A bright, shiny new building on campus just for students — how could Amy Beard (BCom, ’17) resist? Back when she served as the food bank coordinator with the Students’ Association of MacEwan University (SAMU), Amy saw firsthand the need for more space to accommodate student programming, services and studying.
“Having that experience helped me think of a vision for the building and ensure that a diverse set of needs could be met,” says Amy, who later went on to serve two terms as SAMU’s vice-president of operations and finance and was heavily involved in seeing the new building come to life.
Amy now works as a research and policy analyst in the Office of the Corporate Chief Information Officer of Service Alberta and here, as a member of the Alumni Advisory Council, she talks about going with the flow, her passion for policy work, and memorable sandwiches on campus.
Q.Part of your time with SAMU involved the design and development of the new students’ building — how did it feel to see it come to life and open its doors this year?
It was pretty amazing to walk into a space that I had only seen in a drawing previously. It will be great to see how student groups, programs and services continue to grow and develop in their new spaces — there are so many possibilities! I’m so grateful that we had great groups of student leaders follow in our footsteps and continue to push the progress of the building forward. There were many hurdles to getting it completed, but it’s finally standing.
Q.What were you initially planning to do with your degree?
I didn’t have a solid plan of what I was going to do with my degree at first. I think this is true of many people and it’s okay — things don’t always work out exactly as we expect. I tend to go with the flow and stay open to new opportunities. I saw my skills as transferable to many areas, and I like that my degree gave me the flexibility to allow my career to evolve. You never know what could come up and where it could take you.
Q.As a research and policy analyst, why are you passionate about policy?
Good policy development can really help us find solutions to our business or societal problems. My job includes making sure I do an appropriate amount of research and present alternatives to our leadership to help them make evidence-based decisions. Policy work can be really tough sometimes because priorities can change very quickly, definitely in government, and you have to be ready to pivot and respond quickly — but that’s also what I love about it!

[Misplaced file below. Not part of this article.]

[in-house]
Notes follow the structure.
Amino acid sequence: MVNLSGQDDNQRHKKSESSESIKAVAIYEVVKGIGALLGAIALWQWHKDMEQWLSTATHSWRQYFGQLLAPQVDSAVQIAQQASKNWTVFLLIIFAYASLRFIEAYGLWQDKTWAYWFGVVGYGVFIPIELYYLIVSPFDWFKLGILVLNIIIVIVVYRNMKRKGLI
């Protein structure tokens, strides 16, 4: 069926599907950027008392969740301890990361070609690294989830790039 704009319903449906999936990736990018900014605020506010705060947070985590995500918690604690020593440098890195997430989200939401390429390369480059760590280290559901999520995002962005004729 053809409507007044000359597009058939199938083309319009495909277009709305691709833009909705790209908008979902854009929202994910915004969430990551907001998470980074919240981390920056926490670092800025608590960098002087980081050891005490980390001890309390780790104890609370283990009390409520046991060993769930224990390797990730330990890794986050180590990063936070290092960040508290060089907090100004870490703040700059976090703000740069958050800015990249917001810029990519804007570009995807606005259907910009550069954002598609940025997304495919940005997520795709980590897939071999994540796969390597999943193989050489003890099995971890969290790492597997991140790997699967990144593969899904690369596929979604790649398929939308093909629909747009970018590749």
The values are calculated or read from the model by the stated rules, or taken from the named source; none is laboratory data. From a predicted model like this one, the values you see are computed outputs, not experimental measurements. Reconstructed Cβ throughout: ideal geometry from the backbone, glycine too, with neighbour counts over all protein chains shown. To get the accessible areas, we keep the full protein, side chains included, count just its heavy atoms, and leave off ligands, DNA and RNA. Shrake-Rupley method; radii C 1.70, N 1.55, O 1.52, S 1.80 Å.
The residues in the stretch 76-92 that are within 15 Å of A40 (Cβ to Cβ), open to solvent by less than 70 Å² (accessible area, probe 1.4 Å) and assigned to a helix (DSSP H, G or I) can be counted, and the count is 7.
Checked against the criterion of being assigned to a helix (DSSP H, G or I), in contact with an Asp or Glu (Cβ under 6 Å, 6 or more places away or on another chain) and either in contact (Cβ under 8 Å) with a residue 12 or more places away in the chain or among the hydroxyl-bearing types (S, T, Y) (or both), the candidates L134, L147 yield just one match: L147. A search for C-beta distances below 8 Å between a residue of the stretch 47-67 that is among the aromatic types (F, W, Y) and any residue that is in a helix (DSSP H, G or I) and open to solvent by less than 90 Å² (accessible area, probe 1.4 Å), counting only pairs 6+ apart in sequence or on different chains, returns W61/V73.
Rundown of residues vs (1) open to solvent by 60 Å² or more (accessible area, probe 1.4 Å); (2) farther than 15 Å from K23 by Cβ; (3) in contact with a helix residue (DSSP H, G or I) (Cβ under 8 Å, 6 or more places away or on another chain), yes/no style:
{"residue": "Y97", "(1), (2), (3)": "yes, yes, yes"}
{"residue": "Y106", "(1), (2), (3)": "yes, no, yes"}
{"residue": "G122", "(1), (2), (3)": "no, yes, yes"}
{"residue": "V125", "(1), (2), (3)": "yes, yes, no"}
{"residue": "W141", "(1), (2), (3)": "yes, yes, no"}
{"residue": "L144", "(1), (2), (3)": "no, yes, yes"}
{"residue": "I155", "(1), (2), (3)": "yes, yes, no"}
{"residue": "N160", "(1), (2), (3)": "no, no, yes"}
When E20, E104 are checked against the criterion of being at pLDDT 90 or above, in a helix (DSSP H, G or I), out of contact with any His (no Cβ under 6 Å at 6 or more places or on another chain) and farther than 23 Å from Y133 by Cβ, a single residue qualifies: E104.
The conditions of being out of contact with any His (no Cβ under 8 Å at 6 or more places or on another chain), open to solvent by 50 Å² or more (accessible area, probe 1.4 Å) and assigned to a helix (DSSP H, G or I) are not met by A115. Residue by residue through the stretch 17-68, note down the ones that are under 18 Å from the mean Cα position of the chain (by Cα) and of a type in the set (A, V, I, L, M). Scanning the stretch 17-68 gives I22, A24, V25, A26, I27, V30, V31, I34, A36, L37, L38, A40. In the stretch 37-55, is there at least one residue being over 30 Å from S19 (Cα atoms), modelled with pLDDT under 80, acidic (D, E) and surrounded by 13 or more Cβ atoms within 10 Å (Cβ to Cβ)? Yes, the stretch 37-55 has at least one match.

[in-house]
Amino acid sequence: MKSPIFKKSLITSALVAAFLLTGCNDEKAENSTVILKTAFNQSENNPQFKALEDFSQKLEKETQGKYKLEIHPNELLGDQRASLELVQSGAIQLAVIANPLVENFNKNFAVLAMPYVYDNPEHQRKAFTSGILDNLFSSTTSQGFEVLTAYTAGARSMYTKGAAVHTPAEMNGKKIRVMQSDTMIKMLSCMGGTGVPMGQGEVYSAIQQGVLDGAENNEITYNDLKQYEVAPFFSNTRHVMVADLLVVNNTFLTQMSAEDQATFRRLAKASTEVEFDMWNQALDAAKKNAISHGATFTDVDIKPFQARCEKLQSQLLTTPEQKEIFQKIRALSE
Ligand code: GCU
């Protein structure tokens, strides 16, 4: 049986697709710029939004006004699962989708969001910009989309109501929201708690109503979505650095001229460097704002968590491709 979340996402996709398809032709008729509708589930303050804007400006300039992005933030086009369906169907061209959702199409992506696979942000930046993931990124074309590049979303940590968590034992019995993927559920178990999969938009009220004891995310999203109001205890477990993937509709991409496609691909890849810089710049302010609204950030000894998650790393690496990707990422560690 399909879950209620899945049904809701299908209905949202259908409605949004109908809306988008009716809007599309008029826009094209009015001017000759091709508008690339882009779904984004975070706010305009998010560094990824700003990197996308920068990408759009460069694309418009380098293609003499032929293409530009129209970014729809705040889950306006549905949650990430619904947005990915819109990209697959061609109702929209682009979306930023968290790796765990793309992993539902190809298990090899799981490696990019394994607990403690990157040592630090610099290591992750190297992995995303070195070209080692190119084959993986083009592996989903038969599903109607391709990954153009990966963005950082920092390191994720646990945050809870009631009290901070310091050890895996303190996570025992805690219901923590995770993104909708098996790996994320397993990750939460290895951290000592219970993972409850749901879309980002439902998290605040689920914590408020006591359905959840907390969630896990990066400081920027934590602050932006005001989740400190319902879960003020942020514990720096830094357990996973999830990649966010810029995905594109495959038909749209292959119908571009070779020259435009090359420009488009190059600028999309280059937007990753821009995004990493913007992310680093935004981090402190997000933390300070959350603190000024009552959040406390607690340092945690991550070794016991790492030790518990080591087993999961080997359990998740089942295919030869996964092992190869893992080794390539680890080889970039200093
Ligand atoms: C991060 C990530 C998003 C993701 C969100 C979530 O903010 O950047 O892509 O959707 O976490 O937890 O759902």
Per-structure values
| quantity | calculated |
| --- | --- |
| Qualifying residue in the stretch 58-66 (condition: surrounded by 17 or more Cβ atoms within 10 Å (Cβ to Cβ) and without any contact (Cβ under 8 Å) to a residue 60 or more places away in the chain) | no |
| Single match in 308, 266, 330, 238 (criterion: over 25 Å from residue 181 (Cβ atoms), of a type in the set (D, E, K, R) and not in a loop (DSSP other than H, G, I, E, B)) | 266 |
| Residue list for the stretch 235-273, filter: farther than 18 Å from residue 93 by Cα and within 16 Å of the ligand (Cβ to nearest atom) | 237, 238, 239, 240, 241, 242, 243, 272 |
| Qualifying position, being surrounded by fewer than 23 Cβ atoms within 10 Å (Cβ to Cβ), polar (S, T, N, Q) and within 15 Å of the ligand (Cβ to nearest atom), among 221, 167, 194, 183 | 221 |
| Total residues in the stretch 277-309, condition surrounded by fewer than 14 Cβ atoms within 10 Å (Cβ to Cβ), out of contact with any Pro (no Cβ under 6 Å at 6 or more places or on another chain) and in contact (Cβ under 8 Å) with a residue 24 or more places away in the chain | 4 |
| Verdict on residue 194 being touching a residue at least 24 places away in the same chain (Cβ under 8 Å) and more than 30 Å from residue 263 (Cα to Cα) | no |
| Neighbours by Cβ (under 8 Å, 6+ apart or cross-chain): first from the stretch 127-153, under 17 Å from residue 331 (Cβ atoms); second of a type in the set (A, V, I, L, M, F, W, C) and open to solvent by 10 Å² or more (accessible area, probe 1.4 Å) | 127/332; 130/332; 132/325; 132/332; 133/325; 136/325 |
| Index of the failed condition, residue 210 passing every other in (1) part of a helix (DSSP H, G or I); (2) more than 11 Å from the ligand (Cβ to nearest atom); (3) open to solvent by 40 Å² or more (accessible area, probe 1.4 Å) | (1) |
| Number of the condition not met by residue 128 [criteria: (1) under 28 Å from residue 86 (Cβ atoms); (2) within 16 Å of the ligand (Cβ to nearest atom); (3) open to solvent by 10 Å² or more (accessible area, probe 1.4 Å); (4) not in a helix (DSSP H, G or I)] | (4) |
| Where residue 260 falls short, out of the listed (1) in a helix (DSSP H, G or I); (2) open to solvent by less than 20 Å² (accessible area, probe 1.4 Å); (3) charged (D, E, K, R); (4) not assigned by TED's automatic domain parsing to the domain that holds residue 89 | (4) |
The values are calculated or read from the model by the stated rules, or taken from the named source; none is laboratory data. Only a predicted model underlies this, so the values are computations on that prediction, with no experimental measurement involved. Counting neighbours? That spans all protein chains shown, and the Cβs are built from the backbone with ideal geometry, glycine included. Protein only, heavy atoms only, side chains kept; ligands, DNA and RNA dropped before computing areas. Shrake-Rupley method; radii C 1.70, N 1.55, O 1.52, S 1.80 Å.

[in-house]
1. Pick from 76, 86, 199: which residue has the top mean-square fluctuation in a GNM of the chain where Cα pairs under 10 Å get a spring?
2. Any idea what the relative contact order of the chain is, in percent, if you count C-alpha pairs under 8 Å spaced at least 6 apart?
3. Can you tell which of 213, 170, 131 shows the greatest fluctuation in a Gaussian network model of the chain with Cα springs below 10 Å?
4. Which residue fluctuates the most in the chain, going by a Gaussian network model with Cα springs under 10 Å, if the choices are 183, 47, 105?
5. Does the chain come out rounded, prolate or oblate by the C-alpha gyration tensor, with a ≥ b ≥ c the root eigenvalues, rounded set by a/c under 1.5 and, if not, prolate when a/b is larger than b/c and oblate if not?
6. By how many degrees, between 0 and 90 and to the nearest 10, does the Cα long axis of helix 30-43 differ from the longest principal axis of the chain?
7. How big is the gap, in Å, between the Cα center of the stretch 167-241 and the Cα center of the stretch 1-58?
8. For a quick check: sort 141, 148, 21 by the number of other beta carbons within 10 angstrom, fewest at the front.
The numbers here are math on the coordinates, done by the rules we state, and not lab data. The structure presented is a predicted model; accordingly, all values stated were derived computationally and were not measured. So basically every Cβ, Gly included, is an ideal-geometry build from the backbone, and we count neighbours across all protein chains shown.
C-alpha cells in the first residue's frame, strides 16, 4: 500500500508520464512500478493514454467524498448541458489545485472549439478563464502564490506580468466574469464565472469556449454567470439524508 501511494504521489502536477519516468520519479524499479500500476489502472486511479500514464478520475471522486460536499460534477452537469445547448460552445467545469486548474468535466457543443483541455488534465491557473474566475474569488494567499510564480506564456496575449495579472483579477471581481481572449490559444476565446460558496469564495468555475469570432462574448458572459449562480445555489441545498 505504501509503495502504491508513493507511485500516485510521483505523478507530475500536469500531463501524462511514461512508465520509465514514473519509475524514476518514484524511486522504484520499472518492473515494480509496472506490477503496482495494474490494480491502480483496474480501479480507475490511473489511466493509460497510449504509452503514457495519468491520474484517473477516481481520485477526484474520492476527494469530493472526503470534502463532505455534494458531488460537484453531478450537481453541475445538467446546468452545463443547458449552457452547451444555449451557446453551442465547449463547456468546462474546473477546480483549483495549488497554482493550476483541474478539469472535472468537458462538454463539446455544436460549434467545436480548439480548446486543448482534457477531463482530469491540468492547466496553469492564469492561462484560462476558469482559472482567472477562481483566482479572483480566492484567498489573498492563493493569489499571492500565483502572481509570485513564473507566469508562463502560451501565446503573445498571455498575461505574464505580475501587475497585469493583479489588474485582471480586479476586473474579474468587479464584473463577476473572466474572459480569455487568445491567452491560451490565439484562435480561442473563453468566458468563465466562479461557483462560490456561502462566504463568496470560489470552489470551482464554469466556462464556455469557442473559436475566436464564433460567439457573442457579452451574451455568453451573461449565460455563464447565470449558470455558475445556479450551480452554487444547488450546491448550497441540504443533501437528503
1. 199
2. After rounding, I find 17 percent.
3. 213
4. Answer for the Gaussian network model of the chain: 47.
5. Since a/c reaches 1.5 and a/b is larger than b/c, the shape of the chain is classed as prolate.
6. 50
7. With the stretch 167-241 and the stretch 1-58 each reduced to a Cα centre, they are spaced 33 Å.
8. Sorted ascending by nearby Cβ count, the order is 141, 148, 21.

Q.What’s your most vivid MacEwan memory?
I think my most vivid memories come from my time spent as a coordinator at SAMU. All of the part-time coordinators would work in what we called the “bullpen.” We had so many laughs together and it was a great support network to have. I still talk to many of them daily.
Q.What is the thing/food/item that you associate with your time at MacEwan?
This is a tough one! I used to love going to S’wich for one of their famous sandwiches in the Robbins building — I was so sad when they closed!
Q.What was it about your student experience that inspired you to join the Alumni Advisory Council and what do you hope to accomplish?
I had so many opportunities as a student and those opportunities really set me up for success after university. I want other students to have similar experiences and I would like to give back in a small way. I would also like to help drive more alumni engagement. We have a great community of alumni who are looking to be involved and I think now is the time to build our network of people that will continue to give back to the university for many years.
Alumni Advisory Council represents MacEwan University's 75,000 graduates
Alumni have gone on to become passionate community members, industry leaders and game changers.
We acknowledge that the land on which we gather in Treaty Six Territory is the traditional gathering place for many Indigenous people. We honour and respect the history, languages, ceremonies and culture of the First Nations, Métis and Inuit who call this territory home.